February 20, 2009
Doctors concerned over PM’s statement

Senior doctors are reportedly expressing concerns over recent statements that have been made by Prime Minister Dr Ralph Gonsalves concerning incidents of theft at the Milton Cato Memorial Hospital, especially as it regards medications, which they have taken to be a direct accusation against them.{{more}}

SEARCHLIGHT has been informed that doctors have been complaining about the environment under which they now have to work because they have been coming in for sharp criticism and accusations which they believe to be wholly unfounded.

Dr Gonsalves first stirred much debate when he made remarks about pilferage at the Milton Cato Memorial Hospital when he addressed a recent Symposium for senior government employees, among others.

The Prime Minister said then that items ranging from pillows and sheets to medical supplies and medication have been practically walking out of the hospital.

Sharp criticism was levied at him by the Public Service Union and a more toned down yet equally disagreeing statement was also issued by the Nurses Association, who said that nurses were being “chided as thieves”, since the statement was made public.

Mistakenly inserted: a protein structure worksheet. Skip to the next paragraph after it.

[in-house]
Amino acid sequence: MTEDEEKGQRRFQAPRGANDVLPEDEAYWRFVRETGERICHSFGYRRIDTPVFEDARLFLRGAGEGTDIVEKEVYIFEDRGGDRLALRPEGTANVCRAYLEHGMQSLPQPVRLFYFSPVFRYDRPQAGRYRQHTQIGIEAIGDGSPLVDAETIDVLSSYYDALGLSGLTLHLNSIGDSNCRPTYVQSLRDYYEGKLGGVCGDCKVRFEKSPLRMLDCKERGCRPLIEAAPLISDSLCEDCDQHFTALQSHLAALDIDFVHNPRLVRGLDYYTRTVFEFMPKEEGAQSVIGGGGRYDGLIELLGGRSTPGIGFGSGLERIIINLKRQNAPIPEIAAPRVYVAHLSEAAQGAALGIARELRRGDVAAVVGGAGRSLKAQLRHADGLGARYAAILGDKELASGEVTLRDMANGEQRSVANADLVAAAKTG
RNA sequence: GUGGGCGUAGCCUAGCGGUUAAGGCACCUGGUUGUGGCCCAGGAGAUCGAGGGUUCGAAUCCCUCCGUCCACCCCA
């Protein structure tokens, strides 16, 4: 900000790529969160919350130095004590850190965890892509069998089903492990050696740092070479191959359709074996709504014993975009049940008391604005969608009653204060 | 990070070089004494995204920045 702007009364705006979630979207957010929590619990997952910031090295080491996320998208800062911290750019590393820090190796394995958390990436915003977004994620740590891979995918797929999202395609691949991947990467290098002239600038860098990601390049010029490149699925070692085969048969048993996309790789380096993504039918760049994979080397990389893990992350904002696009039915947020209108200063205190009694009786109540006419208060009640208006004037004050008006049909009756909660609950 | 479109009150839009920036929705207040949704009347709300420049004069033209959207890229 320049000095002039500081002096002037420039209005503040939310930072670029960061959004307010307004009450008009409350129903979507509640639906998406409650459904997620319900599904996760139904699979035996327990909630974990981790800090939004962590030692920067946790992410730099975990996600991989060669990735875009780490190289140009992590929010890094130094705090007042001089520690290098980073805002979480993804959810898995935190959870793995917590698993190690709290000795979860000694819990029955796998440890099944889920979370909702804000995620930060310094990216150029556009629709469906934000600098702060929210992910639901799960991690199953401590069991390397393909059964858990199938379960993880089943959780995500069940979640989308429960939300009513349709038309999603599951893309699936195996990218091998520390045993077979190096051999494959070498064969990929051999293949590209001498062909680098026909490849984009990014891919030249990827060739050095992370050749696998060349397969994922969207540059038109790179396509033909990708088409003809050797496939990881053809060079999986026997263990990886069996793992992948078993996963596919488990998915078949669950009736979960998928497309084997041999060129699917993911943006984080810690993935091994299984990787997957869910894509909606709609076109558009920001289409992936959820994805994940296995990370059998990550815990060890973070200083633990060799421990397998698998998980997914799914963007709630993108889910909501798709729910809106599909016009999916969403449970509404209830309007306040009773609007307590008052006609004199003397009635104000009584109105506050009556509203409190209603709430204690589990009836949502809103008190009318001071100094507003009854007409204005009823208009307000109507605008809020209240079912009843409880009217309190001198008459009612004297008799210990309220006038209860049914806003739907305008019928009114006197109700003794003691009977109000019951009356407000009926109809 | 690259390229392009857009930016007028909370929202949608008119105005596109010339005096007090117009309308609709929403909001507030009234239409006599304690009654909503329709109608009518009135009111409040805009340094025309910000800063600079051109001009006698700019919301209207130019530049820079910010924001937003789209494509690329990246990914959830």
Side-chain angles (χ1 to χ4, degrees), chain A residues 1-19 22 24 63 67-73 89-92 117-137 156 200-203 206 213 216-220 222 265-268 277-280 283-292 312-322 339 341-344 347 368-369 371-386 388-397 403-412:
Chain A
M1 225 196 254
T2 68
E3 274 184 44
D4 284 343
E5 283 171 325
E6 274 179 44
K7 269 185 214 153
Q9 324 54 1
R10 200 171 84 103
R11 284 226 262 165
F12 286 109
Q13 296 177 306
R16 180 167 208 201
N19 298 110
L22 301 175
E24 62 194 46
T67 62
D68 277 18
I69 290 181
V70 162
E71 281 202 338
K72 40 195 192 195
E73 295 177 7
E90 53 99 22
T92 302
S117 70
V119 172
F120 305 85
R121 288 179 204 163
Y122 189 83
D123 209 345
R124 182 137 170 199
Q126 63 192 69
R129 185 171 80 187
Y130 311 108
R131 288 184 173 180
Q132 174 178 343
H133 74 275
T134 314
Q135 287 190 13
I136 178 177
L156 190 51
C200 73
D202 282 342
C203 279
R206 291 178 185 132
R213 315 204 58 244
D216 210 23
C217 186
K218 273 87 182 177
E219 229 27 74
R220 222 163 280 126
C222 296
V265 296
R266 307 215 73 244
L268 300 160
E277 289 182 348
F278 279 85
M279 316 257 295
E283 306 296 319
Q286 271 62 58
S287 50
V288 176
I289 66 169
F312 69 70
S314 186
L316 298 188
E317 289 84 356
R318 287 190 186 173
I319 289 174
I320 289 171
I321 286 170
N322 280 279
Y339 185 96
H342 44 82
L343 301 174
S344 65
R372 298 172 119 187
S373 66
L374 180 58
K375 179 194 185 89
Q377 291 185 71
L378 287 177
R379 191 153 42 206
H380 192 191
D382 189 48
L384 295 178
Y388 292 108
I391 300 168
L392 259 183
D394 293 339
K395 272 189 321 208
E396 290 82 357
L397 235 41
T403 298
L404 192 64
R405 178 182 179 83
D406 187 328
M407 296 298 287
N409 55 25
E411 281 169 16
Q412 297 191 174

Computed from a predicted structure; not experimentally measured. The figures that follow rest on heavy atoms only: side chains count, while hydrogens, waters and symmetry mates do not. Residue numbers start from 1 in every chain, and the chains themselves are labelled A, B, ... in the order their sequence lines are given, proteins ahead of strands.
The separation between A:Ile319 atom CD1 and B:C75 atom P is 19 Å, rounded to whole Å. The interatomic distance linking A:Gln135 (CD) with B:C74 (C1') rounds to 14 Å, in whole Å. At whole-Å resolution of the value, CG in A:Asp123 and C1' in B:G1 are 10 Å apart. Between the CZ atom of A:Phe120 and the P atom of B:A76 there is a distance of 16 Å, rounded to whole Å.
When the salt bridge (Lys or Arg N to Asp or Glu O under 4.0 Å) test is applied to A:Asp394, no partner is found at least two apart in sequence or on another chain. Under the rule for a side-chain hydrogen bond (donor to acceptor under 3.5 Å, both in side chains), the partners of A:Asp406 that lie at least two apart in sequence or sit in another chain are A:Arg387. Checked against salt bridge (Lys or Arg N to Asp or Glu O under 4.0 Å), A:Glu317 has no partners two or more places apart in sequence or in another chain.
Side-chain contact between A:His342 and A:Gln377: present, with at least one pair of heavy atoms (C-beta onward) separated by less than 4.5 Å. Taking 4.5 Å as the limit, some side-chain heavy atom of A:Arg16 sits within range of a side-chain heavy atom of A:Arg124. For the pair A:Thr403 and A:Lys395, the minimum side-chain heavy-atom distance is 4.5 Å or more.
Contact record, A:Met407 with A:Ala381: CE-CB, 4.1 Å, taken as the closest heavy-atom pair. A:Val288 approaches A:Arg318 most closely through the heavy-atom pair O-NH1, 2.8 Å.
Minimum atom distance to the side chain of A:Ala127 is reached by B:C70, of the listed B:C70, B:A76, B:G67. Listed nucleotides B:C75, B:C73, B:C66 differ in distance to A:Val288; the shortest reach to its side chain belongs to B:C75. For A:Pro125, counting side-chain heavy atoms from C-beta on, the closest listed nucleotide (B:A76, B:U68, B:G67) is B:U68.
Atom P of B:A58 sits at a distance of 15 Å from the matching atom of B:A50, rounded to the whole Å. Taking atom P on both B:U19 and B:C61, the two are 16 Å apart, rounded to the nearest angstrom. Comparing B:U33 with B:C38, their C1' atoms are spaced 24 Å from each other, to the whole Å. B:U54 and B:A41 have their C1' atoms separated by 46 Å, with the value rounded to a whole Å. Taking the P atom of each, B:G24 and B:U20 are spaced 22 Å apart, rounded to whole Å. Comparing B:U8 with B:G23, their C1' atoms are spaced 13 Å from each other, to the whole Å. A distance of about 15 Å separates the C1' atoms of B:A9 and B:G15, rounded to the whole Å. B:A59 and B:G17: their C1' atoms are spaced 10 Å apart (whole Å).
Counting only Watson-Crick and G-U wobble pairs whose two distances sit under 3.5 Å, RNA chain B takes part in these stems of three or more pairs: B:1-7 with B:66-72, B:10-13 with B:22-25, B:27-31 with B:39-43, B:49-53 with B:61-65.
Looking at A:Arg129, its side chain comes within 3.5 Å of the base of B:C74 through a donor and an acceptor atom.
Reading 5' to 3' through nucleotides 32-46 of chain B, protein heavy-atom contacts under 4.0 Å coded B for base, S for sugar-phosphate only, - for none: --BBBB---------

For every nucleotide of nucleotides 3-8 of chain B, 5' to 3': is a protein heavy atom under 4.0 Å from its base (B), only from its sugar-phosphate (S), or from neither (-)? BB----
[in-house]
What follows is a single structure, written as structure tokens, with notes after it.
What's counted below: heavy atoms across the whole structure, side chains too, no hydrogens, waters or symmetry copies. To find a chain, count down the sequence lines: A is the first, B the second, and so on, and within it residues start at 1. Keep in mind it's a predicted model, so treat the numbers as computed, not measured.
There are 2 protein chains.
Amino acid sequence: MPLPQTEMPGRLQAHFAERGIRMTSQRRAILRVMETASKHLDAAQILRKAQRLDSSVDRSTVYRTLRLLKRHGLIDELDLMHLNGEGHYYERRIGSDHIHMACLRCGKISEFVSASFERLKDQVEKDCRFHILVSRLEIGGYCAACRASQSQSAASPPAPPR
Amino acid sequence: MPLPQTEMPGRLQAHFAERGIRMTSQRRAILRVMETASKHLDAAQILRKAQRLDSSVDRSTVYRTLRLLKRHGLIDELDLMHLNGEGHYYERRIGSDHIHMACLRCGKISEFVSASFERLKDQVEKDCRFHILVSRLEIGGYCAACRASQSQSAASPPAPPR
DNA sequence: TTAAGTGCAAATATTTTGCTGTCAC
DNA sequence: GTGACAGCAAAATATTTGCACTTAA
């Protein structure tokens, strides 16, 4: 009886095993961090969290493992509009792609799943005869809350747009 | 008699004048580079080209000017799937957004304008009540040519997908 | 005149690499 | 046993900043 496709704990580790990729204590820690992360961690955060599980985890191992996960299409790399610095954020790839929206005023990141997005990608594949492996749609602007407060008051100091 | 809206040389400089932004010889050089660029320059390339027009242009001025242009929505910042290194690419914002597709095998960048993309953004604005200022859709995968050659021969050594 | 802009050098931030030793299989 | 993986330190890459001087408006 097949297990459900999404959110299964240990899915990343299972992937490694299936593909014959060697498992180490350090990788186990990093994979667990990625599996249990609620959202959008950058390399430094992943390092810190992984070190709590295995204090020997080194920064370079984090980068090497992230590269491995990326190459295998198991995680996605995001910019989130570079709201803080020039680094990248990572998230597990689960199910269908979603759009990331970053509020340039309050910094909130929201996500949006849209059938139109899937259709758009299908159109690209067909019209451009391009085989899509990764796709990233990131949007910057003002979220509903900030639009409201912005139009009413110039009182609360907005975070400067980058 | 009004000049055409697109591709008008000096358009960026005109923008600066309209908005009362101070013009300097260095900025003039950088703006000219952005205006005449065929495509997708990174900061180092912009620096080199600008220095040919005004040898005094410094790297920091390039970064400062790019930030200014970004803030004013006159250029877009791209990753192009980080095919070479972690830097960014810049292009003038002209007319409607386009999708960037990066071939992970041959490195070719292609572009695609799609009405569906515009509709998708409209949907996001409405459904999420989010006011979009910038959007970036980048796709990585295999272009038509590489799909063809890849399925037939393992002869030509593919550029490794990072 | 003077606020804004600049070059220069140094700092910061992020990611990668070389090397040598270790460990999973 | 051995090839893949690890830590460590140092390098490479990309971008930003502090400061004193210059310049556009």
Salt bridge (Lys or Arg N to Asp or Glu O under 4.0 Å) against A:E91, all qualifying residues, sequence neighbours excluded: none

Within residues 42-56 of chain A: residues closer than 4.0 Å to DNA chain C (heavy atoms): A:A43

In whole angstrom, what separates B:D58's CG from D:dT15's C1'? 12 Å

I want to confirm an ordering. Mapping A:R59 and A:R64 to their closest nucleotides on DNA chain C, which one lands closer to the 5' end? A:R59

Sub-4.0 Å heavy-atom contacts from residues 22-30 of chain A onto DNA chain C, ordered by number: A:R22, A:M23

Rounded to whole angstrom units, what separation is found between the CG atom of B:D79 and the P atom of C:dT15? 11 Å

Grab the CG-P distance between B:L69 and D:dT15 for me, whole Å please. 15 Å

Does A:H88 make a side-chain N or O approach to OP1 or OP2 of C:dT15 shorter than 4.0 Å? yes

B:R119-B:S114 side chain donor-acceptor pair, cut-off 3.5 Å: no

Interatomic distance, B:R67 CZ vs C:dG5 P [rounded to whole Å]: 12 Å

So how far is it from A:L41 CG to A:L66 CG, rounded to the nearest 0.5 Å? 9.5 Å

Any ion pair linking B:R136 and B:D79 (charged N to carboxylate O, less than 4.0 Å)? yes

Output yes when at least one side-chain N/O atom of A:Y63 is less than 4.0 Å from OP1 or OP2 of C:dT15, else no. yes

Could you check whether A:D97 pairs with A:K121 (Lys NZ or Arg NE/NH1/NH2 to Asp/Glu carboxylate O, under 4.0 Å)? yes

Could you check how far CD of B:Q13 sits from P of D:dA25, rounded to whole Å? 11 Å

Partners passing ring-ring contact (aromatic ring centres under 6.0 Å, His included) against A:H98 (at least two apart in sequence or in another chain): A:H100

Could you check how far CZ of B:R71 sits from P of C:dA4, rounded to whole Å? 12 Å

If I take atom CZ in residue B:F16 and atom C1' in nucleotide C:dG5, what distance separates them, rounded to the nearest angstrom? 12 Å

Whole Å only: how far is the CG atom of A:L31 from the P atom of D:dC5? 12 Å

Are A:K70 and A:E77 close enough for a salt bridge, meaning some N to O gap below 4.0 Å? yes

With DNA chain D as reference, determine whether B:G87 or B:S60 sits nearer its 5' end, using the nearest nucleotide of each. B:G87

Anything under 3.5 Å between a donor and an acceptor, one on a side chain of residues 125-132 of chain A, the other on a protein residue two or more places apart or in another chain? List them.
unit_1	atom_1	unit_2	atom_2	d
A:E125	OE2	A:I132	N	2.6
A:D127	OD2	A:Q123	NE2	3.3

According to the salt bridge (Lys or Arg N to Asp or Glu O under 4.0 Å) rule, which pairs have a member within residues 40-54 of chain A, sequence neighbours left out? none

In a subsequent press conference, Dr Gonsalves defended his statement and said that while most employees at the hospital “work within and in accordance with the rules and regulations,” others don’t.

SEARCHLIGHT also understood that an example of the problem at the hospital was that a drug that was not considered dangerous had to be so classified because supplies disappeared after a shipment some time ago.

While information was that this happened recently, hospital Administrator Fitzroy Jones told SEARCHLIGHT that since he took office in 2007 there has been no incident with that drug.

“Since I am here, I have had red flags about other drugs and supplies but never had a flag in relation to that drug,” Jones said

A medical source confirmed that the drug was in fact reclassified a while ago because of a “mix up” with supplies but it was not within the last five years.

The drug in question was Syntocinon, which is used to induce labour and can also be administered to control heavy bleeding after a mother has given birth, but it can also be linked to the administration of an abortion.

SEARCHLIGHT spoke to the President of the Medical Association Dr Rosalind Ambrose who said “in time the Medical Association will take the course which they feel is appropriate.”

She was reluctant to discuss the matter of doctors’ concerns in detail but said that physicians are hearing what people are saying on radio programmes and “are talking about it.”